Face(book) the facts: life goes on you Twit(ter)s
Firstly, don’t email to complain about the corny title of this post. It was late, and I was somewhat sleep deprived when I wrote it.
According to The Australian, the social phenomenon that is Facebook went offline for several hours today, causing panic and frenzied tweeting amongst the masses.
Have we developed – and I use that term very, very loosely – as a population, to the point where we have forgotten what constitutes a social interaction? It is just me, or does immediately posting on another social networking site about the original social networking site going down seem a somewhat perverse reaction? The Australian reports that disgruntled (and one could assume hysterical) Facebook users bombarded Twitter with posts such as “Facebook, why aren’t you working?” and “Still exiled from Facebook, missing my friends. Universe fix this.” My initial thoughts are these: to the former, Facebook is a what, not a who – and a what will generally not offer a response, no matter now nicely you ask. To the latter – Wven Villegas – there are other ways to contact your friends in the absence of the Zuckerberg machine. Like telephone. Or email. Or, heaven forbid, in person. Unless Wven, you were referring to what I will assume are your 2,000-odd Facebook friends, most of whom you don’t know from a bar of soap.
NB: I did, in the interest of accurate writing, try to search on Facebook for Wven, but came up blank. Hence my assumption above in regard to friend numbers. It’s based on nothing more than a somewhat educated guess, but if I’m proven wrong, I’ll happily donate $20 to the charity of Wven’s choosing. And Wven, if you are reading this, add me on Facebook – then, we can so bitch to each about Mark Zuckerberg the next time Facebook fucks up.
As a matter of interest, it appears various other Facebook platforms (including the mobile website) were working the whole time, and it raises the question why all of these technologically savvy users didn’t utilise one of these platforms to access their beloved Facebook. Why was the seemingly natural reaction to this crisis to throw the blinkers on and jump straight onto another social networking site to whinge to their friends/followers/random strangers? Most will try to argue that the failure – albeit brief – of Facebook put them out of touch with friends. My retort to that justification would be this: if these people you needed to contact really were friends, wouldn’t you have alternative ways to speak to them?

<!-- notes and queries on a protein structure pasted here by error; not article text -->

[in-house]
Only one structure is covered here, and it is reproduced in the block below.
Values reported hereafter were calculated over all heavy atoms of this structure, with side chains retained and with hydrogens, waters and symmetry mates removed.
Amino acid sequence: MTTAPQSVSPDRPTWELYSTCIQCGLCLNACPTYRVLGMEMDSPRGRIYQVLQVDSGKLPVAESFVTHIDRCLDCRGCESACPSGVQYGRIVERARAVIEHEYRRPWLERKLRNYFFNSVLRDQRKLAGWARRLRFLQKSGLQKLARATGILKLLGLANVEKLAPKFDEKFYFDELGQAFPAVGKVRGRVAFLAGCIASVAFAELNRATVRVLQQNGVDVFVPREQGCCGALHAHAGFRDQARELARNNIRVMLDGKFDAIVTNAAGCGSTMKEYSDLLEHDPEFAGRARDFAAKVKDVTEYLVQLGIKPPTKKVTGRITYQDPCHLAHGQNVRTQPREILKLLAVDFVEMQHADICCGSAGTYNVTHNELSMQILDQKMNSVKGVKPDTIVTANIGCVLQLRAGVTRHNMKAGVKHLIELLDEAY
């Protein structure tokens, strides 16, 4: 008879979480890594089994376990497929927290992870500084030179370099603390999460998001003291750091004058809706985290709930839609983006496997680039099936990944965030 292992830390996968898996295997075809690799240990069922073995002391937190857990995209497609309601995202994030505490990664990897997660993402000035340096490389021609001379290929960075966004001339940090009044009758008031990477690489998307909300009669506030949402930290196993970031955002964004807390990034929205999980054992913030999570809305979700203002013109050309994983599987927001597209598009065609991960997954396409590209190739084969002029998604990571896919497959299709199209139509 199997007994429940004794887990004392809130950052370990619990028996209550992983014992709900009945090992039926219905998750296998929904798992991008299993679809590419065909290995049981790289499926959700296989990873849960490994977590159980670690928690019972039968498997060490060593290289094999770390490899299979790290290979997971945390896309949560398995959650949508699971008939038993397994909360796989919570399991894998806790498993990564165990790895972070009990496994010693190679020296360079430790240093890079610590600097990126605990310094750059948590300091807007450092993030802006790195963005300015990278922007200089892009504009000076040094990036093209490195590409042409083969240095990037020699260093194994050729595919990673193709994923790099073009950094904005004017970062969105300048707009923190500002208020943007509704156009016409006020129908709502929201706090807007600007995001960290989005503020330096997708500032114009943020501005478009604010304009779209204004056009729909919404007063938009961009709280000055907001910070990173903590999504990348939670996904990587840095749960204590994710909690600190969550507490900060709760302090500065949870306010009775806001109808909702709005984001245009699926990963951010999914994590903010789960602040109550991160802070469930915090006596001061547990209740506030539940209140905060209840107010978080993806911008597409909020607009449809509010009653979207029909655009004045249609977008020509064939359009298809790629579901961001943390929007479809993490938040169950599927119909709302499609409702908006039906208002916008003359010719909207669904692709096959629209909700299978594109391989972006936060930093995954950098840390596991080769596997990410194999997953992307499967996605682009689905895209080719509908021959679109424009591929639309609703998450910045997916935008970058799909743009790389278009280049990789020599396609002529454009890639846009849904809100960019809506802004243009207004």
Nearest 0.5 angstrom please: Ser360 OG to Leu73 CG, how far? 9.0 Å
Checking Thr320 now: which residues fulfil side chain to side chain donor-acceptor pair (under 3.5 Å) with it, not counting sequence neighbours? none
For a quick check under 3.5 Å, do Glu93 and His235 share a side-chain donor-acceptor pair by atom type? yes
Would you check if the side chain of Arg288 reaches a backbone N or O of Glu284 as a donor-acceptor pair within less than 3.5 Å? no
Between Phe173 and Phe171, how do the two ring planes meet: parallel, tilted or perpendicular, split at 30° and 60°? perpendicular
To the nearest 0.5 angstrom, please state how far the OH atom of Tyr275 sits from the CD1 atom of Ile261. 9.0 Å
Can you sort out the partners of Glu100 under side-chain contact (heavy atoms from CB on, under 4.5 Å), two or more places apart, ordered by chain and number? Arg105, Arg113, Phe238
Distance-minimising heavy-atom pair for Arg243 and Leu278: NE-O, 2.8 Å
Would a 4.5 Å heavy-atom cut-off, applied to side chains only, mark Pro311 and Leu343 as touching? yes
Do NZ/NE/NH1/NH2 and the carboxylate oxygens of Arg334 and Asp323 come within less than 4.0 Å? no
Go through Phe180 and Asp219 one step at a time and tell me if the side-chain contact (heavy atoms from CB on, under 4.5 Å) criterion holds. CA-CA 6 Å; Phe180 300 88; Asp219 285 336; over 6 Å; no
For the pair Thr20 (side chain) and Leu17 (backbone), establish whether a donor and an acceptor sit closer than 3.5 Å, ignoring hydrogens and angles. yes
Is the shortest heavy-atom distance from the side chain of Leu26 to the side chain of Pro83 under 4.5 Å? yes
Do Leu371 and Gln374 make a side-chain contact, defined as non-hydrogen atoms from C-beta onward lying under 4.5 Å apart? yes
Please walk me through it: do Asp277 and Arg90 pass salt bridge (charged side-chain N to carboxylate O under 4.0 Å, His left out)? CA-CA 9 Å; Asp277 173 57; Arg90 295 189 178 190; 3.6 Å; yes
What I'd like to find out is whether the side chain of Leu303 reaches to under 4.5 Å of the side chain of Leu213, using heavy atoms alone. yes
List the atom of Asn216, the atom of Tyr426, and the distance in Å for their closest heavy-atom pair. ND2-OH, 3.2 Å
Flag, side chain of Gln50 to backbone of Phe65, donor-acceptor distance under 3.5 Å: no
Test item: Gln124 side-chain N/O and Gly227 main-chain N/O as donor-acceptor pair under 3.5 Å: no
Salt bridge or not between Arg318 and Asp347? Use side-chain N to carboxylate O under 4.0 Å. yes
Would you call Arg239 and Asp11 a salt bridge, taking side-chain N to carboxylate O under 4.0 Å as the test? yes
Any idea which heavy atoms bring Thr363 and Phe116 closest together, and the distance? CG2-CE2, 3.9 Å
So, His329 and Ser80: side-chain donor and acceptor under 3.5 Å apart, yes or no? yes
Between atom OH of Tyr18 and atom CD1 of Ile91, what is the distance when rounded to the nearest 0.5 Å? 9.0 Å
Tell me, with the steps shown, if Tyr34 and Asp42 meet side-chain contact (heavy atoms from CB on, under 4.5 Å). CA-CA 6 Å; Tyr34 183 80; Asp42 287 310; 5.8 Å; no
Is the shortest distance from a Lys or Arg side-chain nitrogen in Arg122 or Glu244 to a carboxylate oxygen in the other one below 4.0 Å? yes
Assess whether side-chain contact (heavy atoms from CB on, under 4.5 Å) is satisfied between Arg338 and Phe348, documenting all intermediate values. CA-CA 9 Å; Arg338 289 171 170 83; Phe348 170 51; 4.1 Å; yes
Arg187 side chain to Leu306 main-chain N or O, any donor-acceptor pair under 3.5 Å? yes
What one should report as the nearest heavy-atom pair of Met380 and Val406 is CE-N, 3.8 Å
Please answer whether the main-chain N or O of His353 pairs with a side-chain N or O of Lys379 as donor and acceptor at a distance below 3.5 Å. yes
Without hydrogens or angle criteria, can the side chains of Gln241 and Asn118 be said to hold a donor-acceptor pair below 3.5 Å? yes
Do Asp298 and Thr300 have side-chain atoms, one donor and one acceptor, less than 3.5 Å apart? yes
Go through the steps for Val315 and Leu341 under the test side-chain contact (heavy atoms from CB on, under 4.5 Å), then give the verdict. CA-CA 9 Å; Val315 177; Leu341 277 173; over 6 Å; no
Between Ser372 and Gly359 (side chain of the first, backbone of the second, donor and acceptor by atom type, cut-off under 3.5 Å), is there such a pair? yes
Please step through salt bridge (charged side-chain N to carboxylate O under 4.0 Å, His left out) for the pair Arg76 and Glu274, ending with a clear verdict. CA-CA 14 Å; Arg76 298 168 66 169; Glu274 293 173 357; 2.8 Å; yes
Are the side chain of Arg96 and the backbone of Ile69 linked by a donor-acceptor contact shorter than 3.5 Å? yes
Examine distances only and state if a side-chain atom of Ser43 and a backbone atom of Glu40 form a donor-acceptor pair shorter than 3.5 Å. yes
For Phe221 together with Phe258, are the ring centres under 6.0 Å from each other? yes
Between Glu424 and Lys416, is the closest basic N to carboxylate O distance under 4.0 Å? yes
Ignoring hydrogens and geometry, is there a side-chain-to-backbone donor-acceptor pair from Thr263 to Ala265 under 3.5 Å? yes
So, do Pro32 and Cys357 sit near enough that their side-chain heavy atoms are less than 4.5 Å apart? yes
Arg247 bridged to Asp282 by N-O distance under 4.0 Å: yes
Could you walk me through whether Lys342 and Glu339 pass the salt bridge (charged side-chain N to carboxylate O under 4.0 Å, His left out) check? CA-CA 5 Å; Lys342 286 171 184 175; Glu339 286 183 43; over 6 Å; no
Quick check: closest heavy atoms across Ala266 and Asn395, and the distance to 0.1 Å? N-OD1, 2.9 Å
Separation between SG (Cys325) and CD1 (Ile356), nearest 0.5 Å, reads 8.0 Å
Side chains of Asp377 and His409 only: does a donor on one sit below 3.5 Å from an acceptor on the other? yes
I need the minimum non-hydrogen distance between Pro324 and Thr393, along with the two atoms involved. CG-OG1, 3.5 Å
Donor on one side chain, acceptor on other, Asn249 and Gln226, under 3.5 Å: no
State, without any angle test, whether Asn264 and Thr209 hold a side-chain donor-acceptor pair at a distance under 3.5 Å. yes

I will admit that when I lost my connection to the World Wide Web for a few hours earlier this year, my reaction was one of terror-stricken confusion. It’s not something I am proud of, but when I realised that the outage wasn’t the beginning of some form of Armageddon, I did something the aforementioned Tweeters obviously didn’t consider: I went out and had dinner with a friend. That’s right. A proper, face-to-face meal. With a real person. Outside.
On the subject of Twitter, why do so many average (I won’t use the word normal, it doesn’t seem quite right in this context) people have a Twitter account? Do they really think the world gives a fuck about whether they should have jam or Vegemite on their toast, or that they can’t find their keys? The world doesn’t need to know what you are doing every moment of every day. Why? Because, whether you want to believe it or not, chances are you’re probably as boring as shit.
OK, now this post is complete, I’m going to put the link on Facebook. Yes, I know that’s ironic, but I don’t care. I’m full of irony – it’s part of my charm.
Have a fantastic New Years Eve people – be safe, run amok and remember, never give them your real name. See you in 2011.